The study was conducted in three different villages namely Ayeshpur-Panchpota, Ganguria and Hatikanda-Daluipur in the Nadia district of West Bengal. The goats are managed by the farmers by extensive grazing system. They are generally taken out for grazing during day light. The data on growth rates were recorded from 71 kids. Weekly average daily gain in weight up to 24 weeks of age was calculated based on the formula (Brody, 1945). The body weight of kids upto 24th weeks of ages were recorded individually in the morning before the kids were fed. The information pertaining to the present study was collected by PRA technique (Schonuth et al, 1995). Data were classified according to breeding practices followed and sex on average daily gain in weight. Breeding practices were classified in to two groups: treatment and control groups. Treatment groups were those where kids were born by mating of selected group of bucks, whereas kids born by mating of unselected group of bucks were from control group. The data were subjected to statistical analysis according to Snedecor and Cochran (1968).

RESULTS AND DISCUSSION


The present findings on daily weight gain per week up to 24th weeks are presented in Table 1. The overall growth rate from first week to 24th week of age was found to be 42.88 g per day. It was also observed that the growth rate of first three weeks of age ranged from 49.3 to 71.83 g. From 4th to 7th week of age the rate was varied from 41.30 to 43.46 g. However, the growth rate was lowest in between 8 and 13 weeks of age followed by increased growth rate ranging from 39.63 to 47.24 g up to 24th weeks of age. The variations in body weights at different age groups might be due to differences in the genetic make up of the individuals and management practices followed by farmers in different villages. The present findings are closely related to the earlier workers (Kumar and Singh, 1983; Husain et al, 1992).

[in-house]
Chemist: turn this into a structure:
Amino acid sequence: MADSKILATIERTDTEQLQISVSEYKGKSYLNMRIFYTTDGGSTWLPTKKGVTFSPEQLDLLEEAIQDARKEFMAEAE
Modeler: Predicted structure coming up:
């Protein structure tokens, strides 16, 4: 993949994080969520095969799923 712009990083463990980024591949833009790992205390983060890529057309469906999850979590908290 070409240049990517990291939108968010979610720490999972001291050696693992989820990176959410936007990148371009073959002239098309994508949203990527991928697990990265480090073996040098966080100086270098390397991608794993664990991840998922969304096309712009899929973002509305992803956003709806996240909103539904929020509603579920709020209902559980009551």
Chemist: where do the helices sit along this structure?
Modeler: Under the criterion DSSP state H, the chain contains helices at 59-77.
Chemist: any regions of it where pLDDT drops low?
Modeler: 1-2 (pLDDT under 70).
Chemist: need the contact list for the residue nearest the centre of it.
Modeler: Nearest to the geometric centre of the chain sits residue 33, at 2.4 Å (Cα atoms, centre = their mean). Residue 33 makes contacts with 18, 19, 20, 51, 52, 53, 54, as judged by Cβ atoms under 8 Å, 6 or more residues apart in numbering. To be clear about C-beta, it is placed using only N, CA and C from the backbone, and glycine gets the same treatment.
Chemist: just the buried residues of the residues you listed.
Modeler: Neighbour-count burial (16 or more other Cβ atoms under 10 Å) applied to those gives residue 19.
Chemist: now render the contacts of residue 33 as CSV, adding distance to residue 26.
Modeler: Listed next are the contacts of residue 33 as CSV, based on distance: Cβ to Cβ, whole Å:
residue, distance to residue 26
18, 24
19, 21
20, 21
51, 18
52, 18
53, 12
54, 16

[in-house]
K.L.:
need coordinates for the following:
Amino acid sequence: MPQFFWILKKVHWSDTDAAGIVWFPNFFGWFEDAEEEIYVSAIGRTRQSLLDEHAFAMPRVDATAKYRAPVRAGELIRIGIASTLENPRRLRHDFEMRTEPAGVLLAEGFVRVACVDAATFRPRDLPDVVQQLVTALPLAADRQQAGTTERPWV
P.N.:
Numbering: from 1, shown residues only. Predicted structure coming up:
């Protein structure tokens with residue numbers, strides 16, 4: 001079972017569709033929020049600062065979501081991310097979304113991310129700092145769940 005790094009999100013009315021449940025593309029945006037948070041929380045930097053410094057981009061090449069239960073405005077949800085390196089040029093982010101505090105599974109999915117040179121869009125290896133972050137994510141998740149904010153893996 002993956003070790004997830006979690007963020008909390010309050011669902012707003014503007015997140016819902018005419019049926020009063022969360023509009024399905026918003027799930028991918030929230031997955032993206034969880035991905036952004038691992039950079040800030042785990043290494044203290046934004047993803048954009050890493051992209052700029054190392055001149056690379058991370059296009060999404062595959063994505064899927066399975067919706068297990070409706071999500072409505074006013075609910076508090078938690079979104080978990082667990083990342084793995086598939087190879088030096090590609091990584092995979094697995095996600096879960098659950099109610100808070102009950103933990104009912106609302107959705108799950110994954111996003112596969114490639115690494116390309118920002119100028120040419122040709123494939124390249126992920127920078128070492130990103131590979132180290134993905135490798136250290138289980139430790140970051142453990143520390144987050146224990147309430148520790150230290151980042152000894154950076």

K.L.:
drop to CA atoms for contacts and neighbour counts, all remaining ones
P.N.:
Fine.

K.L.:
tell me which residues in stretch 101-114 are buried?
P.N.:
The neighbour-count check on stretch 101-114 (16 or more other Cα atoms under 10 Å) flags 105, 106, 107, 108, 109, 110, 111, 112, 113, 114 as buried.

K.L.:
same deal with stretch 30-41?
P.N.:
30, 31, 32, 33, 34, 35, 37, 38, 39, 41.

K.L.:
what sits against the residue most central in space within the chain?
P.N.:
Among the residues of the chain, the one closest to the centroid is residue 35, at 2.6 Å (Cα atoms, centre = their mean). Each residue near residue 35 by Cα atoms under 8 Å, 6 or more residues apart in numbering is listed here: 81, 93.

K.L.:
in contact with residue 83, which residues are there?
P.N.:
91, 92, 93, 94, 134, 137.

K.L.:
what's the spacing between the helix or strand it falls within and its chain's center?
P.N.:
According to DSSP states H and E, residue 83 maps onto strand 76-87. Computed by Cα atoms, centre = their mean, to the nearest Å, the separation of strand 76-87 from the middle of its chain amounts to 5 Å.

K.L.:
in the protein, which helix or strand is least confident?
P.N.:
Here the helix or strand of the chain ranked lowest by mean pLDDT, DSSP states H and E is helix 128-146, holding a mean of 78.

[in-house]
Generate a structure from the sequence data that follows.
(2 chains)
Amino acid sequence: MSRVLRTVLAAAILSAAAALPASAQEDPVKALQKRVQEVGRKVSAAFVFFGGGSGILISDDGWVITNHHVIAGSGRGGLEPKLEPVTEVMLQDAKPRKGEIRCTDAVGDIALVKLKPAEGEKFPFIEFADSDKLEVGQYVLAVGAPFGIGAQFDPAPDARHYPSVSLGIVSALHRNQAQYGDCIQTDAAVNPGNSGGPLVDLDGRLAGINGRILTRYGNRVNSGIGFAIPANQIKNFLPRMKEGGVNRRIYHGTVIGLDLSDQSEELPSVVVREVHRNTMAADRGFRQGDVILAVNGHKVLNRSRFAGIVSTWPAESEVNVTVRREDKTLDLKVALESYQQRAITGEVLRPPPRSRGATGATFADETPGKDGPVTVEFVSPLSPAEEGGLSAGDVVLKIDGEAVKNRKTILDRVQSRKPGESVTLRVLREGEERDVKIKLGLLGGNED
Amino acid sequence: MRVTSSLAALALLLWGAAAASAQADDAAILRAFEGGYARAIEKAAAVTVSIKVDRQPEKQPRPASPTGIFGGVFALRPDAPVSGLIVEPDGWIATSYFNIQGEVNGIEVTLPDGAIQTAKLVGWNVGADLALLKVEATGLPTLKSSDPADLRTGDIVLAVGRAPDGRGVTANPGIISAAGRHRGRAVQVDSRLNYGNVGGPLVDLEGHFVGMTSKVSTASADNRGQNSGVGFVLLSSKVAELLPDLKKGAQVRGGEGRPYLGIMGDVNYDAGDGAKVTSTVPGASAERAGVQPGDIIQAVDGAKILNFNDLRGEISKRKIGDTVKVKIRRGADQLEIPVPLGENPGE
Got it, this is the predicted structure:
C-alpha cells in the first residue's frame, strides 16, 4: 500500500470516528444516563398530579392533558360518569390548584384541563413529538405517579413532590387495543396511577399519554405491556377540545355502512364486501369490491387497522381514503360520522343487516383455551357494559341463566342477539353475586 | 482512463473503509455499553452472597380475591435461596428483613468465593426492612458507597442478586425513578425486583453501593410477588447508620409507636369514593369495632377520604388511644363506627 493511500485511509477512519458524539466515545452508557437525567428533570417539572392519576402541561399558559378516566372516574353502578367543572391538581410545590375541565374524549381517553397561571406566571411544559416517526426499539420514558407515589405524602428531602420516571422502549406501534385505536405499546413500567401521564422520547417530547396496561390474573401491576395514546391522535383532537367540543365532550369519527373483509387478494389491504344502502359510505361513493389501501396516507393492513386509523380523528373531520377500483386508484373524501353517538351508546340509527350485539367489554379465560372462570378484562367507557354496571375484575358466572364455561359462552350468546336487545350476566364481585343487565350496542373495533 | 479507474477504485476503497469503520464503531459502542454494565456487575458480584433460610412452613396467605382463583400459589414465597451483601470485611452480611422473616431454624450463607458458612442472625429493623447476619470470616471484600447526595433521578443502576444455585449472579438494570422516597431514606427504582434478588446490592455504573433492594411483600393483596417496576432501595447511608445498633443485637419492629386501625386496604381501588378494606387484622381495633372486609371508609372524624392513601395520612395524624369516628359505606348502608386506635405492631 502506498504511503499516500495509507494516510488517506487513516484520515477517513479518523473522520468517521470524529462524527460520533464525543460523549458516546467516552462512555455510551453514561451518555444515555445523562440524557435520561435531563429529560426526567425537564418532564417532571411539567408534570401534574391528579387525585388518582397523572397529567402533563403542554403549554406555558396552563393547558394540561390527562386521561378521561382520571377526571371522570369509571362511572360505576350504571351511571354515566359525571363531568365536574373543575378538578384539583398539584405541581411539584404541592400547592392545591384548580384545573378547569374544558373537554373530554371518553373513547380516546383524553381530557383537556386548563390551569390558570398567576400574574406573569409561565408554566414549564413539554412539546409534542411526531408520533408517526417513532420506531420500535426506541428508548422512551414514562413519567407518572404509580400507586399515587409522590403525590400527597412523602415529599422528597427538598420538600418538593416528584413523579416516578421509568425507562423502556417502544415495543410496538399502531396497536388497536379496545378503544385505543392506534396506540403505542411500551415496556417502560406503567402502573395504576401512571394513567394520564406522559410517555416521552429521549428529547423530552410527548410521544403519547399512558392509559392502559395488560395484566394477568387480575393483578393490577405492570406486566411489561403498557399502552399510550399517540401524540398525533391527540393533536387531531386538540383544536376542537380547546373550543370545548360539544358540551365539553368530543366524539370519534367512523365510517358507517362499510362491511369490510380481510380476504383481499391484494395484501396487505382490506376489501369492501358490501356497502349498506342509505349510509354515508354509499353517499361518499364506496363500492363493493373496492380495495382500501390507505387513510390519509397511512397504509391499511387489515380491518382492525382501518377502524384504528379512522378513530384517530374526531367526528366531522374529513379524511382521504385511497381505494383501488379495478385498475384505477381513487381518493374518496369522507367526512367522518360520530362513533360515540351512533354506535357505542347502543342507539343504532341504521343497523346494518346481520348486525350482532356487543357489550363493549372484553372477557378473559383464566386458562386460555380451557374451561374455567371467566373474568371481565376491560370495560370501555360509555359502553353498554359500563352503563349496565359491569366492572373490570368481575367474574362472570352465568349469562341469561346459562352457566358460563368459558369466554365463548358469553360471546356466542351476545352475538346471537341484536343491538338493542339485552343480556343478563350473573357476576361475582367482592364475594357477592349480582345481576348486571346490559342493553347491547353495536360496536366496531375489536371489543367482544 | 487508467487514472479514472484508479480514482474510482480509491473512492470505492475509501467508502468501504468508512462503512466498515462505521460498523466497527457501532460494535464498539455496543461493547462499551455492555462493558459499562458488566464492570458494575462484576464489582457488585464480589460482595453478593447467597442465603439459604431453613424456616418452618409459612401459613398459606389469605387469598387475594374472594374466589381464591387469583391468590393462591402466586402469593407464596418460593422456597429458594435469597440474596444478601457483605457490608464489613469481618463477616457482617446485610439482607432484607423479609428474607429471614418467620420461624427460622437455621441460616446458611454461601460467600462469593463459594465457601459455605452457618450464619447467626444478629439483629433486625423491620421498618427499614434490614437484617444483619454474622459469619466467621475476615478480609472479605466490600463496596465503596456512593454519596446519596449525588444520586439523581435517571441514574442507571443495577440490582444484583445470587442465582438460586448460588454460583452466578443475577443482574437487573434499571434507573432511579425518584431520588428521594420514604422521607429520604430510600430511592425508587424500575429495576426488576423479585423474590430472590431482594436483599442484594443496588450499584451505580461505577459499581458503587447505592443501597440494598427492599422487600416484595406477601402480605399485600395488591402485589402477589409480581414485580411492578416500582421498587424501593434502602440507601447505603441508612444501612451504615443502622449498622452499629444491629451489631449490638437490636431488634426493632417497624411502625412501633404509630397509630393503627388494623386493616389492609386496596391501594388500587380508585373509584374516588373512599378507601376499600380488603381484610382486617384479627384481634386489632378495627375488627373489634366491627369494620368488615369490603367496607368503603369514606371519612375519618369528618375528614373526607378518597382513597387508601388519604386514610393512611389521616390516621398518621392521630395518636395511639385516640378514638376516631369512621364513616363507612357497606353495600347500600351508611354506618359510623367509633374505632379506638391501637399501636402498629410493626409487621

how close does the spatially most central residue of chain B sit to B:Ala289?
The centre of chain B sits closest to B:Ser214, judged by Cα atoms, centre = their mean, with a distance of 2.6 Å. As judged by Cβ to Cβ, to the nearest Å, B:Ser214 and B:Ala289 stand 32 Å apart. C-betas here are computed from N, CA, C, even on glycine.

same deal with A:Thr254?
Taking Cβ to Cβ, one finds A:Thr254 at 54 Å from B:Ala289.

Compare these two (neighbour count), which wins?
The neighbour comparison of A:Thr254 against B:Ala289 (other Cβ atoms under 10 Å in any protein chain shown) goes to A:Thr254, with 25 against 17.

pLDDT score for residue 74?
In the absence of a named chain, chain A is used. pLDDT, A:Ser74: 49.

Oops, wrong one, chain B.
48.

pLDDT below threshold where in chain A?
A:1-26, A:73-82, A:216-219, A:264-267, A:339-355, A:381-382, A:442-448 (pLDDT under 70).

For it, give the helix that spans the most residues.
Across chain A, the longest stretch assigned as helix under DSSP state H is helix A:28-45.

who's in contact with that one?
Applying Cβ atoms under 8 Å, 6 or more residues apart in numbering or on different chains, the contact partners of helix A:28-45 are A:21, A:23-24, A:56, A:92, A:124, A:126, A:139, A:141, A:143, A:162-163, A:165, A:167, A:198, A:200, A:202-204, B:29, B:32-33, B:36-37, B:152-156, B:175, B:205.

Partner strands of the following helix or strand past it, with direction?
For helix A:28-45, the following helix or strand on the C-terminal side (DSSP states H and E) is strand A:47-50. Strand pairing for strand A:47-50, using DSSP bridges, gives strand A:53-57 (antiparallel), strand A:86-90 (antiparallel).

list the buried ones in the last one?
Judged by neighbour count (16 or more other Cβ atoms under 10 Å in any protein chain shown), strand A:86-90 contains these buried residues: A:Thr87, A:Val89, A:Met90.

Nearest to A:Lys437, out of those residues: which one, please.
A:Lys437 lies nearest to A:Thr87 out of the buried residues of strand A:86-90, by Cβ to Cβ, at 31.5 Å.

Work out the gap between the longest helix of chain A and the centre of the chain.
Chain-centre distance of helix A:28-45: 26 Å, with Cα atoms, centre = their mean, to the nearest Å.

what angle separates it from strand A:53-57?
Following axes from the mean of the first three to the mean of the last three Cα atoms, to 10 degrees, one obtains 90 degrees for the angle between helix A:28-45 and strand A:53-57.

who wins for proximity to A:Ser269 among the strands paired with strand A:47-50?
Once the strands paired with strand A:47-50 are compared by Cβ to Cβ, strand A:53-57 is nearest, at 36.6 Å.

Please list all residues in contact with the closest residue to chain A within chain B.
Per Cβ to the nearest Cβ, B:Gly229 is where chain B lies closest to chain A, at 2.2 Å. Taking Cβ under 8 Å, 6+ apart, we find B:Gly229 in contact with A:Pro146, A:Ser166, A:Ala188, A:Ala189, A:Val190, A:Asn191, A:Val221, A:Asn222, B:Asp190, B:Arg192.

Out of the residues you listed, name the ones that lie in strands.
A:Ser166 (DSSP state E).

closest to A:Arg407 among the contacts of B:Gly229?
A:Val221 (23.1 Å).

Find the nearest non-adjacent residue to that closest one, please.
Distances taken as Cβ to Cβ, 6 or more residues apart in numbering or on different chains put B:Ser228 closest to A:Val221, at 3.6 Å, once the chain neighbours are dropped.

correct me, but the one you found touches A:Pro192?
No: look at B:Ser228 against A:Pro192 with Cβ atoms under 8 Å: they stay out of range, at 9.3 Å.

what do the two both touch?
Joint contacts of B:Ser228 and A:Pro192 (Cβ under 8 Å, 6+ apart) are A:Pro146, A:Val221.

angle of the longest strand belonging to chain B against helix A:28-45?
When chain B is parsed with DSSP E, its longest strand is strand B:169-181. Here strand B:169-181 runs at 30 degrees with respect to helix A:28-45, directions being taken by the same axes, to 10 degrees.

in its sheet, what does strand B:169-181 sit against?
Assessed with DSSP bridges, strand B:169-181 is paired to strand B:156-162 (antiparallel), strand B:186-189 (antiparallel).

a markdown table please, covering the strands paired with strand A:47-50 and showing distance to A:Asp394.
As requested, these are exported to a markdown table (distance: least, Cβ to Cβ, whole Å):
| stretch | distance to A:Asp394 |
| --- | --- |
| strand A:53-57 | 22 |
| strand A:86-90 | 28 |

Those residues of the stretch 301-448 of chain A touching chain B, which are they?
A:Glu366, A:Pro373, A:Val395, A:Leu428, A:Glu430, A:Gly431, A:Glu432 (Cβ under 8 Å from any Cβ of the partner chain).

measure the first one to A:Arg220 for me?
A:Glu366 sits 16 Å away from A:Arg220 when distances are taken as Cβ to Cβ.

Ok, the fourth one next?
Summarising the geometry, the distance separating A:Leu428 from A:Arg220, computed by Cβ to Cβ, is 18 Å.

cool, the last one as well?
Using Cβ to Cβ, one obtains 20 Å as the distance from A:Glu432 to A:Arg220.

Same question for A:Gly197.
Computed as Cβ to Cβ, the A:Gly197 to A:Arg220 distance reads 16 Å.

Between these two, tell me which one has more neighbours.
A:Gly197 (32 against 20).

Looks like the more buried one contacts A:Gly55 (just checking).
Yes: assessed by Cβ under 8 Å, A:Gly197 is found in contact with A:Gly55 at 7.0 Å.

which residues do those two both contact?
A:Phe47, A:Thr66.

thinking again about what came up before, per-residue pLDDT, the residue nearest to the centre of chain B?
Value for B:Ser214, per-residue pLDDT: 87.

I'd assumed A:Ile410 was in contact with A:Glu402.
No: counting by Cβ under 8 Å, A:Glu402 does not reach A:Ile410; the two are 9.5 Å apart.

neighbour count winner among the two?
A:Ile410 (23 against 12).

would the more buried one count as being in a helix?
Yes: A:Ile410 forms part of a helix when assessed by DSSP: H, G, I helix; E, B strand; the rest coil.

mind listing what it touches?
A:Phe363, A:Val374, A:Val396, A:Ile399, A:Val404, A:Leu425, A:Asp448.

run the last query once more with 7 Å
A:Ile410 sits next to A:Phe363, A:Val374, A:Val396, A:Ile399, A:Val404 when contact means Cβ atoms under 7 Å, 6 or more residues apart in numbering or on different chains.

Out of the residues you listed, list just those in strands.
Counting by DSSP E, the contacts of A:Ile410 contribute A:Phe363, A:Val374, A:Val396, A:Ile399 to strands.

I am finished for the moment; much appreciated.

The effect of breeding practices on growth rate is presented in Table 2. The results indicated that the overall growth rate up to 24th weeks were close in both treatment (44.09 2.14 g/day) and control groups (43.05 1.95 g/day). The pattern of growth rate of first two weeks was higher in both the groups. The lowest growth rate was observed in 10th weeks of age in treatment group (25.67 g/day) while it was found lowest (33.20 g/day) in 4th weeks of age. The study also revealed that the growth rate up to 24th weeks age was not significant (p<0.01) between two groups. The previous worker (Husain et al, 1996), however observed significantly higher daily gain in selected groups.